Kenya: 246 schools close, 917 non-Muslim teachers flee because of jihad attacks

Now the 12-year-old’s dream to become a doctor is threatened. Attacks by the al-Qaida-linked al-Shabab against non-Muslims have forced the transfer of hundreds of teachers from the border area with Somalia, where the extremist group is based. Schools have closed and thousands of children are affected.

The human rights abuses caused by jihadis in Kenya cause little concern in the West. Yet as the number of victims rises ever higher, instead of taking action to make sure the same things don’t happen in Europe and North America, the West has flung open its doors and allowed Muslims with ties to al Qaeda, the Islamic State and Muslim Brotherhood and al-Shabaab itself to operate in the West.

In this latest situation, al-Shabab could say to the potential recruits: ‘Look, your government cannot even provide you with a modicum of security, come and join us.’

How long will it be before they’re saying that in the West?

 

“Teachers flee, schools close in Kenya with al-Shabab attacks,” by Tom Odula, Associated Press, May 3, 2018:

NAIROBI, Kenya – Every school day, Abdirizack Hussein Bashir rises at dawn for an eight-kilometre (five-mile) trek through a dangerous forest where he sometimes faces harassment by Kenyan army patrols hunting down extremists.

Now the 12-year-old’s dream to become a doctor is threatened. Attacks by the al-Qaida-linked al-Shabab against non-Muslims have forced the transfer of hundreds of teachers from the border area with Somalia, where the extremist group is based. Schools have closed and thousands of children are affected.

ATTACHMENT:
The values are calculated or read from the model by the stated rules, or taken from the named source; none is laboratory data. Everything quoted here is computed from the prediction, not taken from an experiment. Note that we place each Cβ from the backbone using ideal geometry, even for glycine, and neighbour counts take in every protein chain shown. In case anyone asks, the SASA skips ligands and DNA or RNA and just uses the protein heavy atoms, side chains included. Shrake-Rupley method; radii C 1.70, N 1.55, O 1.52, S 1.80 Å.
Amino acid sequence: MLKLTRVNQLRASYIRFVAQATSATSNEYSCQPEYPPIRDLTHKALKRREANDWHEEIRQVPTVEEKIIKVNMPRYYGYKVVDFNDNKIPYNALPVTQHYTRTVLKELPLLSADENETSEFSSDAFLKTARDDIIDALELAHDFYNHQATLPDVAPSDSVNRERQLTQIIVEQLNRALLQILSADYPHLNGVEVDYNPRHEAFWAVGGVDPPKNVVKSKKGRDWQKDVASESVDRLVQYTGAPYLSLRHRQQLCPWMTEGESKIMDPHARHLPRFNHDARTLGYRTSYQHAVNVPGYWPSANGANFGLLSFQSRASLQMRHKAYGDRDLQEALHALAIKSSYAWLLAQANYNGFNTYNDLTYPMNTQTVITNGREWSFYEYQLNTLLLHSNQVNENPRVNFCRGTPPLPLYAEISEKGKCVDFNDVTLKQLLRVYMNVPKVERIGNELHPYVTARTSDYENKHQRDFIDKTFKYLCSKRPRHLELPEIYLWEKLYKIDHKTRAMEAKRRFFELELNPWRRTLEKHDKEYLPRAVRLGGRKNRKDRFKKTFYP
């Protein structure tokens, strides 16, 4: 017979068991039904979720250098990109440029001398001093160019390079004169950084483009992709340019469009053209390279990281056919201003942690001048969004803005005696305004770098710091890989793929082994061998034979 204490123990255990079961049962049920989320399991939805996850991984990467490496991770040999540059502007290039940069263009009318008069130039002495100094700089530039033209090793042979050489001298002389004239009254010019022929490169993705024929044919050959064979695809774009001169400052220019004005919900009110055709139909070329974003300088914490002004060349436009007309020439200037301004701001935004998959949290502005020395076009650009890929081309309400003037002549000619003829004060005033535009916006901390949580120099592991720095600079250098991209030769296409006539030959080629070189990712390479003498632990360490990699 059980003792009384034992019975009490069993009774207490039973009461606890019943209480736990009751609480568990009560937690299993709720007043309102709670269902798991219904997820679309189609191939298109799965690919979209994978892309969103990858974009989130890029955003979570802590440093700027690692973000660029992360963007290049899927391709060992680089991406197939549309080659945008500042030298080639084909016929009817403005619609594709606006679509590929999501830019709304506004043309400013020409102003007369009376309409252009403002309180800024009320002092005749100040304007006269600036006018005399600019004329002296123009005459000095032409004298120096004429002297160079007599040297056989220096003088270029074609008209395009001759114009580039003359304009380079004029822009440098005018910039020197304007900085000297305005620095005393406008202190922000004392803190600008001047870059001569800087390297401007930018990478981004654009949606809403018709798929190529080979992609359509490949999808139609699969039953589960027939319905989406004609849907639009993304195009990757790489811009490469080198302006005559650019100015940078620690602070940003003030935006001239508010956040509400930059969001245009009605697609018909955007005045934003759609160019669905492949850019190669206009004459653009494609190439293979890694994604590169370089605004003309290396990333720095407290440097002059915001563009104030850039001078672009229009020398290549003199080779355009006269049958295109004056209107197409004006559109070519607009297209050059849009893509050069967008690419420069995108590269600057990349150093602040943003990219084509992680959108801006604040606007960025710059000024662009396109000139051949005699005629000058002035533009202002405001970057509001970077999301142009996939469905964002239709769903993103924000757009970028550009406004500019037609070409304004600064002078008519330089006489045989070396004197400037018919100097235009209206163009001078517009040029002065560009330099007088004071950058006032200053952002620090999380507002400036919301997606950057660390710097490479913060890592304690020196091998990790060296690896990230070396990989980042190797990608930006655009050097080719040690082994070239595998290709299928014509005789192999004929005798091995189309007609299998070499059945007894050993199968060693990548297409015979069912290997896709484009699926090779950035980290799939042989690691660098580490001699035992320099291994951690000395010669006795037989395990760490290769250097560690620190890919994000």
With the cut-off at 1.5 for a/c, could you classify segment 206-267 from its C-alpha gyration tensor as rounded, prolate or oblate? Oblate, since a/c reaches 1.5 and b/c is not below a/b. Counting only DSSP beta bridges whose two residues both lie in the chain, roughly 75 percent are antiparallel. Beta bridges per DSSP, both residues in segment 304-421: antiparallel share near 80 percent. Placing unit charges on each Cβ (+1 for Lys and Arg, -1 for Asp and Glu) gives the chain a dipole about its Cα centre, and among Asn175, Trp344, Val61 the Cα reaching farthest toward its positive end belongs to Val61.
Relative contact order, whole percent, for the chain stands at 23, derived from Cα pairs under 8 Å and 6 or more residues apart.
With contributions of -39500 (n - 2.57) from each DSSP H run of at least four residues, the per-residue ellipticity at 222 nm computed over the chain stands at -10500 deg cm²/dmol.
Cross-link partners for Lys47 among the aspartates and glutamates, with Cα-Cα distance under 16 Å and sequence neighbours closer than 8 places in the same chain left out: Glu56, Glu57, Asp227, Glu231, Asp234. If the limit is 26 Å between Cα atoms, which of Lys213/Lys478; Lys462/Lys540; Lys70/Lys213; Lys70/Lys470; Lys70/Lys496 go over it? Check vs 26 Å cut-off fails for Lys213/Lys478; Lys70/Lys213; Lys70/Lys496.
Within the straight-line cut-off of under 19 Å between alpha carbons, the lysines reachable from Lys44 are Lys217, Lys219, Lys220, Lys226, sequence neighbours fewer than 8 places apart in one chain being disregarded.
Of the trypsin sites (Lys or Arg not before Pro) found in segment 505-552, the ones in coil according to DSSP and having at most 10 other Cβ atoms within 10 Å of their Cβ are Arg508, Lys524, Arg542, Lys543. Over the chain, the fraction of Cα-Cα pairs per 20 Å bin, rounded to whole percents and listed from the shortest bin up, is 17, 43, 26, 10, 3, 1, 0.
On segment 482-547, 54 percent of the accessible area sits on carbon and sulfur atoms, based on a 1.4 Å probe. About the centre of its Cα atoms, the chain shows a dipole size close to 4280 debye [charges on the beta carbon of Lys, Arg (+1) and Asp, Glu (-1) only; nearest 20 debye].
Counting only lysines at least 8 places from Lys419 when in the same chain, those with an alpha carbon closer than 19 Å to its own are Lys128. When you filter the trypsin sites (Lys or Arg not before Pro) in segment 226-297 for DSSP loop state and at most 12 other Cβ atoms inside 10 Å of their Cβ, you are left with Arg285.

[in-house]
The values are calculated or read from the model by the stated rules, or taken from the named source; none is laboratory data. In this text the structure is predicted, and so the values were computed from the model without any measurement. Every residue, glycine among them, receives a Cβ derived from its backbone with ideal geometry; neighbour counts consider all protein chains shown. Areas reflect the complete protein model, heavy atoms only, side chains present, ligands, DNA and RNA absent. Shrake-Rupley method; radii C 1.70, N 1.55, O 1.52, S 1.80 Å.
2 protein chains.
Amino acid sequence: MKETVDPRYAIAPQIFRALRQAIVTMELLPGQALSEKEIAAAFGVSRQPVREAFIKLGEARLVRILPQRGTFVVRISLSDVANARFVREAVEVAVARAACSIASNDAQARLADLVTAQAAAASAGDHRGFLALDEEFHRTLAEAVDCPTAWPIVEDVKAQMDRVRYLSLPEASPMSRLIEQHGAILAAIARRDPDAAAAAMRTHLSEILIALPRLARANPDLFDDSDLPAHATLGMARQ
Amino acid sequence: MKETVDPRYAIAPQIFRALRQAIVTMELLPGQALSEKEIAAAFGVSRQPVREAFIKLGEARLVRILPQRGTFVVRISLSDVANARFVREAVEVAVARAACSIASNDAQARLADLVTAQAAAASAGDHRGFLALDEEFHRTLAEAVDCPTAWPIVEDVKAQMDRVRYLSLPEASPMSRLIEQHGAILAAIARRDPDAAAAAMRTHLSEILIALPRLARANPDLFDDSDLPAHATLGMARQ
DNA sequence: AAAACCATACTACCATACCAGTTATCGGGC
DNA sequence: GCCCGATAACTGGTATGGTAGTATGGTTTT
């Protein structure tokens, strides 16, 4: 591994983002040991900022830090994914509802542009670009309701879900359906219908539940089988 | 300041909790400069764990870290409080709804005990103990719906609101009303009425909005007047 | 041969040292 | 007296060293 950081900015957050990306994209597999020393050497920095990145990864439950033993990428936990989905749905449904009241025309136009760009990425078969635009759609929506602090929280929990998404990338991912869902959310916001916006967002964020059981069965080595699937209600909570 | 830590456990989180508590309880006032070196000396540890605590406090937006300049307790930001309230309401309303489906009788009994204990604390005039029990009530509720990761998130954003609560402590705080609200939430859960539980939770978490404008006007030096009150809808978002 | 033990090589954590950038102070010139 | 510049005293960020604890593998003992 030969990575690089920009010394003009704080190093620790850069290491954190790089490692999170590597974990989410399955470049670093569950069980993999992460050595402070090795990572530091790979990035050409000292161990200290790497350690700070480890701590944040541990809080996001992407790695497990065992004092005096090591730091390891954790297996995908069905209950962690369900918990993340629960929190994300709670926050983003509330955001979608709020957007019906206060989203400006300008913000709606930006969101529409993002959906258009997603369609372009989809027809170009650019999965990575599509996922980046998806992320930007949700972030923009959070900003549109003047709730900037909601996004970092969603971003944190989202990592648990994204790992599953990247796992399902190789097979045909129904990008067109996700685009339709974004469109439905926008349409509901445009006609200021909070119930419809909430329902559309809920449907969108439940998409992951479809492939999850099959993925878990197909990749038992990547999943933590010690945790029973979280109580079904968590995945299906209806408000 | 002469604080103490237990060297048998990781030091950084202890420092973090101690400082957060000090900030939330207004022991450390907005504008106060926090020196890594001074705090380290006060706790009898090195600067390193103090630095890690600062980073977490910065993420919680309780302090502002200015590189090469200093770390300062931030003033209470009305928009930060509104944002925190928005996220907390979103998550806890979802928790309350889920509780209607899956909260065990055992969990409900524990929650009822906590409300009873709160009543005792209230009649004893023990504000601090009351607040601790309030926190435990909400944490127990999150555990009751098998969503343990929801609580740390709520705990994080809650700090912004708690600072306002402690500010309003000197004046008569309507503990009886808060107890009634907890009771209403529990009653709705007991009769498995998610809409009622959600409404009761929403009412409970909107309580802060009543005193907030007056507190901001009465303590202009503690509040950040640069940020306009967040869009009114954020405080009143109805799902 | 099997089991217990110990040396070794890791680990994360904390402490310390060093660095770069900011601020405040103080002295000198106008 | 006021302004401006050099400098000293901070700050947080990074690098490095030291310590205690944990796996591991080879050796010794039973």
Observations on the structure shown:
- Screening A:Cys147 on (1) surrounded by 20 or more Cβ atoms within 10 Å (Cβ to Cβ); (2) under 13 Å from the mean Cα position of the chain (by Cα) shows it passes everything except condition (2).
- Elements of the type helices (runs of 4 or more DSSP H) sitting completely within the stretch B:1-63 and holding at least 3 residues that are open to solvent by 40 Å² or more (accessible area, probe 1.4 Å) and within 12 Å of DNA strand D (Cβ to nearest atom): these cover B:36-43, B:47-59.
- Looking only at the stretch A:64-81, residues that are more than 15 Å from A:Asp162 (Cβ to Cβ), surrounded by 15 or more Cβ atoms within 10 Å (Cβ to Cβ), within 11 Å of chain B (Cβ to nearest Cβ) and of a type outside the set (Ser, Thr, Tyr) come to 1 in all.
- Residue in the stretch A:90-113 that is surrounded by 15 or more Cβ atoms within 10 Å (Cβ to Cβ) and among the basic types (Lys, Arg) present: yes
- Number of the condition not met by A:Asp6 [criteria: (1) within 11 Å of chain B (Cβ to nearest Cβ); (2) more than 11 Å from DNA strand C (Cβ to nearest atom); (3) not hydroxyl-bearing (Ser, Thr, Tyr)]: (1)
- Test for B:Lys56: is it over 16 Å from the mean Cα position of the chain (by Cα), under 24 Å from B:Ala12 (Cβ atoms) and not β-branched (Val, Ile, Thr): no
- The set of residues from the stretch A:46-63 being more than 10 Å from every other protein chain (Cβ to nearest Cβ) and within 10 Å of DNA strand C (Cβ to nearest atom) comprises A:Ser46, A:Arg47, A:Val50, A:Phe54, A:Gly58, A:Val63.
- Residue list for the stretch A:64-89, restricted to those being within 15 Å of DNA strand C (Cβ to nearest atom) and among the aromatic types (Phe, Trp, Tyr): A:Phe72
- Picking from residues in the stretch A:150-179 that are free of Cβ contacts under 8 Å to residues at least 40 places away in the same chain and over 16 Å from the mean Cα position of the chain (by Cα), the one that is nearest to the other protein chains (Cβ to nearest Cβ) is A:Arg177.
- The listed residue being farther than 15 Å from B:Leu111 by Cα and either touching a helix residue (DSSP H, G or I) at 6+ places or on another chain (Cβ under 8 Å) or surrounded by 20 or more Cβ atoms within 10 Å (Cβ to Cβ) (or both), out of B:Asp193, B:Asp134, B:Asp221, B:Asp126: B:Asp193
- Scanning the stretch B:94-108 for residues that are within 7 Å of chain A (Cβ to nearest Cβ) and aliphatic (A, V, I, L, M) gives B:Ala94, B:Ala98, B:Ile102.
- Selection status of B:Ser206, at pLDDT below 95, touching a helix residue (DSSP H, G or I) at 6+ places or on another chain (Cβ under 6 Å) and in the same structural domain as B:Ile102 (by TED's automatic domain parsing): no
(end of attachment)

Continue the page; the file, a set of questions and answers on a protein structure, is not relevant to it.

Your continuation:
At least 224 primary schools and 42 secondary schools in Wajir County can no longer function after non-local teachers fled. The exodus was caused by the Feb. 16 al-Shabab attack on a primary school in which two non-Muslim teachers were killed. Kenya’s Teachers Service Commission transferred 329 teachers elsewhere for their safety. Many others left on their own. In all, 917 non-Muslim primary school teachers have left the region.

It is the largest-ever mass exodus of teachers from the region, observers say.

Analysts say the extremist group threatens gains in education in a region that until recently was the most marginalized in Kenya and has been described as a hotbed for recruitment for extremist groups, which oppose Western education. Children out of school become easy targets.

For al-Shabab the closure of schools will be seen as “a success,” said Abdullahi Boru Halakhe, an expert in countering violent extremism.

“Schools and education is one of the antidotes against the narratives of the (extremist) group. Thus, if you close the school, how else can you build a counter-narrative?” he asked.

Al-Shabab has carried out a wave of attacks in Kenya since 2011, calling it retribution for Kenya sending troops to Somalia to fight the extremists. Attacks include the April 2015 raid on Garissa University that left 147 people dead. Teachers near the Somali border have been targeted, including in a November 2014 attack on a bus in neighbouring Mandera County.

Some 120 non-Muslim teachers have left their posts in Mandera County due to the latest insecurity. The teachers have been sleeping in the Kenya National Union of Teachers boardroom for nearly two months and spend their days camped out at the offices of their employer, the Teachers Service Commission. Police routinely use tear gas on them as they protest and demand better protection from the extremist threat.

“We have asked the government to transfer teachers where they feel safe,” said the union’s secretary-general, Wilson Sossion.

The threat of attack is not the only problem non-Muslim teachers face in the predominantly ethnic Somali region, said Peter Amunga, an education activist. Discrimination by the local community and radicalized students are other challenges. Non-Muslims make up 90 per cent of the teachers in the border areas as marginalization and nomadic culture have limited the number of local ones, he said.

Wangechi Nderitu, one of the teachers camping out at the Teachers Service Commission offices, said one student at a neighbouring school who was punished by teachers went to train with al-Shabab in Somalia for two years then returned in late 2015, took his father’s gun and went after the teachers. Luckily they had been transferred, he said.